Jesuit Missions of the Guaranis: San Ignacio Mini, Santa Ana, Nuestra Señora de Loreto and Santa Maria Mayor (Argentina), Ruins of Sao Miguel das Missoes (Brazil)

 Argentina (Posadas, Obera, Eldorado)
 Brazil (Ijui, Santo Angelo, Santa Maria)
State of Rio Grande do Sul, Brazil; Province of Misiones, Argentina
S28 32 36 W54 15 57
Date of Inscription: 1983
Extension: 1984
Criteria:
iv. to be an outstanding example of a type of building, architectural or technological ensemble or landscape which illustrates (a) significant stage(s) in human history;
Ref: 275bis
The impressive remains of these five Jesuit missions, built in the land of the Guaranis during 17th and 18th centuries, are outstanding examples of a type of building and architectural ensemble which illustrate a significant period of Argentina and Brazil history. The ruins of Saõ Miguel das Missões in Brazil and those of San Ignacio Miní, Santa Ana, Nuestra Señora de Loreto and Santa María la Mayor in Argentina lie in the heart of a tropical forest.
These settlements, though characterized by a specific layout and a different conservation state, are laid out on the same model. The communities that Jesuits established there, reducciones, were Jesuit missions designed to house the church, the Jesuit Fathers residence, and regularly spaced Guariani Indians houses laid out around large square. The Jesuit missions to the Guariani peoples also brought education, a university, and publication of books in both Latin and Guarani. These reducciones, or communal mission villages, also to protect them from slavers.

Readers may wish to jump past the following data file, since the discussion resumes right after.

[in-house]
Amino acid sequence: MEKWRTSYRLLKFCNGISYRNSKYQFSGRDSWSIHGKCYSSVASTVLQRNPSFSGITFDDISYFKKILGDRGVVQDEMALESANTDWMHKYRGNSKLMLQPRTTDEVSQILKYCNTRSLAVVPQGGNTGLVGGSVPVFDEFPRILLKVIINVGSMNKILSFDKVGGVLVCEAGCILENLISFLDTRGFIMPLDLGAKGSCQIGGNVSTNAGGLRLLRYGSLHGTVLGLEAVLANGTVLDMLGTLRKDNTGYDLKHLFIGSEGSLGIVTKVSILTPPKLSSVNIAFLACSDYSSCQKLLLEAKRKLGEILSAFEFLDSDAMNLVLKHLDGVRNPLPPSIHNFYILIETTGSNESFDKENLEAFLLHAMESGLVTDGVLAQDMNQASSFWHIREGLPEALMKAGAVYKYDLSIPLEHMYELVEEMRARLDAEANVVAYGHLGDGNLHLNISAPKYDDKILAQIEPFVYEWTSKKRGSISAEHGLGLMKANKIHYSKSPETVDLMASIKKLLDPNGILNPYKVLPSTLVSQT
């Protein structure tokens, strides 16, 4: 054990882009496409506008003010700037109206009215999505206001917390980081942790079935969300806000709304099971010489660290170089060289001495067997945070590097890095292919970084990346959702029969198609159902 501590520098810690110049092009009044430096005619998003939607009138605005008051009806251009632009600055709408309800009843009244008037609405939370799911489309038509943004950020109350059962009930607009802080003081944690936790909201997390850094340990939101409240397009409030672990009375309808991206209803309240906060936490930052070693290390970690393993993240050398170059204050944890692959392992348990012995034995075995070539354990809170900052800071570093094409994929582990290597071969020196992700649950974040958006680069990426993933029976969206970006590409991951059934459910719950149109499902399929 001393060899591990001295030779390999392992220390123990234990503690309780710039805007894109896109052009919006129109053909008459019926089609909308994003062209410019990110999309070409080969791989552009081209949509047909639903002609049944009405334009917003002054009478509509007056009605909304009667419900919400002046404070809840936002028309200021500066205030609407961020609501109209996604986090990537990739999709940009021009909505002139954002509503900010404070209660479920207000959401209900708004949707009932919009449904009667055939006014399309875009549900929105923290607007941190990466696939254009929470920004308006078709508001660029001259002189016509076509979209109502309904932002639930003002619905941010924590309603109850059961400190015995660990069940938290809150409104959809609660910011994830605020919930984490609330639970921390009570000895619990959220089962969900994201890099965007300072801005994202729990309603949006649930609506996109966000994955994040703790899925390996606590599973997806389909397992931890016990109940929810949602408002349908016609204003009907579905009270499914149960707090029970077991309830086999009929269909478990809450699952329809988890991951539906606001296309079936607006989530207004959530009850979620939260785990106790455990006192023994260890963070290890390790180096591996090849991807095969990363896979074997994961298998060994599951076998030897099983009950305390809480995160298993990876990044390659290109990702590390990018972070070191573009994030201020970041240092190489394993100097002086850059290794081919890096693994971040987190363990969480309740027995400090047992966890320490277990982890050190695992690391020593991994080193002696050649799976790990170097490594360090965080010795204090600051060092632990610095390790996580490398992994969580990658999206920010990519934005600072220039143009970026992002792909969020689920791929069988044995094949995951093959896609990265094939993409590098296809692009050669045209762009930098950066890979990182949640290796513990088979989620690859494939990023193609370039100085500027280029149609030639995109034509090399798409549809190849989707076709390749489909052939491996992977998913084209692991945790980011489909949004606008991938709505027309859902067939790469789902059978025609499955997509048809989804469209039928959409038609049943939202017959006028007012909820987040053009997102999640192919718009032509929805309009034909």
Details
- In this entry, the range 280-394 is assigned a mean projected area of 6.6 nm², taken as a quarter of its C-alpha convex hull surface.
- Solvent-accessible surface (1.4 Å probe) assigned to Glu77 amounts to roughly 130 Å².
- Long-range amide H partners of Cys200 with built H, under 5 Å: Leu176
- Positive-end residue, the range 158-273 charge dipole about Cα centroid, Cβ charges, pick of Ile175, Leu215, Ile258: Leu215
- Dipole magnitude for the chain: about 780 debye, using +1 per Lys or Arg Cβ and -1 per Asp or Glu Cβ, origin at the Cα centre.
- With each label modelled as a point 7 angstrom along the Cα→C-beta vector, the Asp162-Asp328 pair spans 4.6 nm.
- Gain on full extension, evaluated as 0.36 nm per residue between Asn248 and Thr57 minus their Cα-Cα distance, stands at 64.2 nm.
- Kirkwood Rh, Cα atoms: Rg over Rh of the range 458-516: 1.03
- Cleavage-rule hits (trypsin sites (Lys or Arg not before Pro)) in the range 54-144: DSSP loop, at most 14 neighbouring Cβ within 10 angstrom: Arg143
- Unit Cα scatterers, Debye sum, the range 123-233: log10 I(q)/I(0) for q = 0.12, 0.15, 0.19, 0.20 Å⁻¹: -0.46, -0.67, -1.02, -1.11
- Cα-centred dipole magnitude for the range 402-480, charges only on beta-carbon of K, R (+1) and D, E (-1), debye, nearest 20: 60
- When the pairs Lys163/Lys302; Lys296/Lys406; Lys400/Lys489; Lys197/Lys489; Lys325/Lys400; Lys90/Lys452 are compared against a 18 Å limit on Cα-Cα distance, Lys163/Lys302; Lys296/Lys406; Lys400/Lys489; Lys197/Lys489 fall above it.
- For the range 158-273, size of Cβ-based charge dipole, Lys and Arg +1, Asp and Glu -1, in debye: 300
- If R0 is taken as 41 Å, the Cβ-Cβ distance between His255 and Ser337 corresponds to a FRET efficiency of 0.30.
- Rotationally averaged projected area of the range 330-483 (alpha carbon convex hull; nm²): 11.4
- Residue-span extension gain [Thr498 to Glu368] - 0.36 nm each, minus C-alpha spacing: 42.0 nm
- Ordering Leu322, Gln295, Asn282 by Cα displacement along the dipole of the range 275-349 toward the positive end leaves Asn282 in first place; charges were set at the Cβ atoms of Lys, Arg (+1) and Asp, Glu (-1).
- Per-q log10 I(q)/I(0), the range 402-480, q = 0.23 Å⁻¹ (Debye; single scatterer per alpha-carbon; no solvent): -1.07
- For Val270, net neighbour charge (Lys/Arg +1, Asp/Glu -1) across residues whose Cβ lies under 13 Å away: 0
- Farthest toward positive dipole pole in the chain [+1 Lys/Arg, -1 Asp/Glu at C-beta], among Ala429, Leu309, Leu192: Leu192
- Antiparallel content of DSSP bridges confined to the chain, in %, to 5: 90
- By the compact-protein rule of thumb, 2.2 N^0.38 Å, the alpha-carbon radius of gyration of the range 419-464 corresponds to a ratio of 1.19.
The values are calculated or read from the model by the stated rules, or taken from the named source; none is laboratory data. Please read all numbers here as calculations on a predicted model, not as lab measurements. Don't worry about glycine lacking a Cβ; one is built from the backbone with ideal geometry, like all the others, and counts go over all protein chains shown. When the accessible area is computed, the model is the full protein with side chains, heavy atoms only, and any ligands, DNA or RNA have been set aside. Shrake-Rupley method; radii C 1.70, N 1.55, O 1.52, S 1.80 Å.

The San Ignacio Miní mission is well-preserved, and incorporates important monumental remains, providing the most eminent example of a settlement preserved on Argentinean territory. The ruins, which are in the Guarani baroque style, was founded in 1611. At the height of activity, around the year 1730, some 4,000 people lived here.
Santa Ana, founded in 1633 and presently 45km from Posadas, resisted pillage following the Jesuits expulsion in 1767. The church ruins, which are accessible by a monumental stairway, emerge from a forest site.
Nuestra Señora de Loreto, founded in 1610, and presently 53km from Posadas, included a printing-press. The church and Fathers’ house were built by Brother Bressanelli, as at San Ignacio Miní, while the Indian village ruins have been partially cleared of vegetation.
Santa María la Mayor, founded in 1626, does have the church ruins and fathers’ residence remains still standing.
Saõ Miguel, founded on the site of the Itaiaceco in 1632, is presently on Piratini banks. The only building remains that are intact are the Fathers’ residence foundation, school, and cemetery walls, along with vestiges of Indian habitations. In a site that is periodically invaded by vegetation are found the baroque church ruins attributed to Father Gian Battista Primoli, a Milanese Jesuit architect, well known for his work in Buenos Aires, Córdoba and Concepción.

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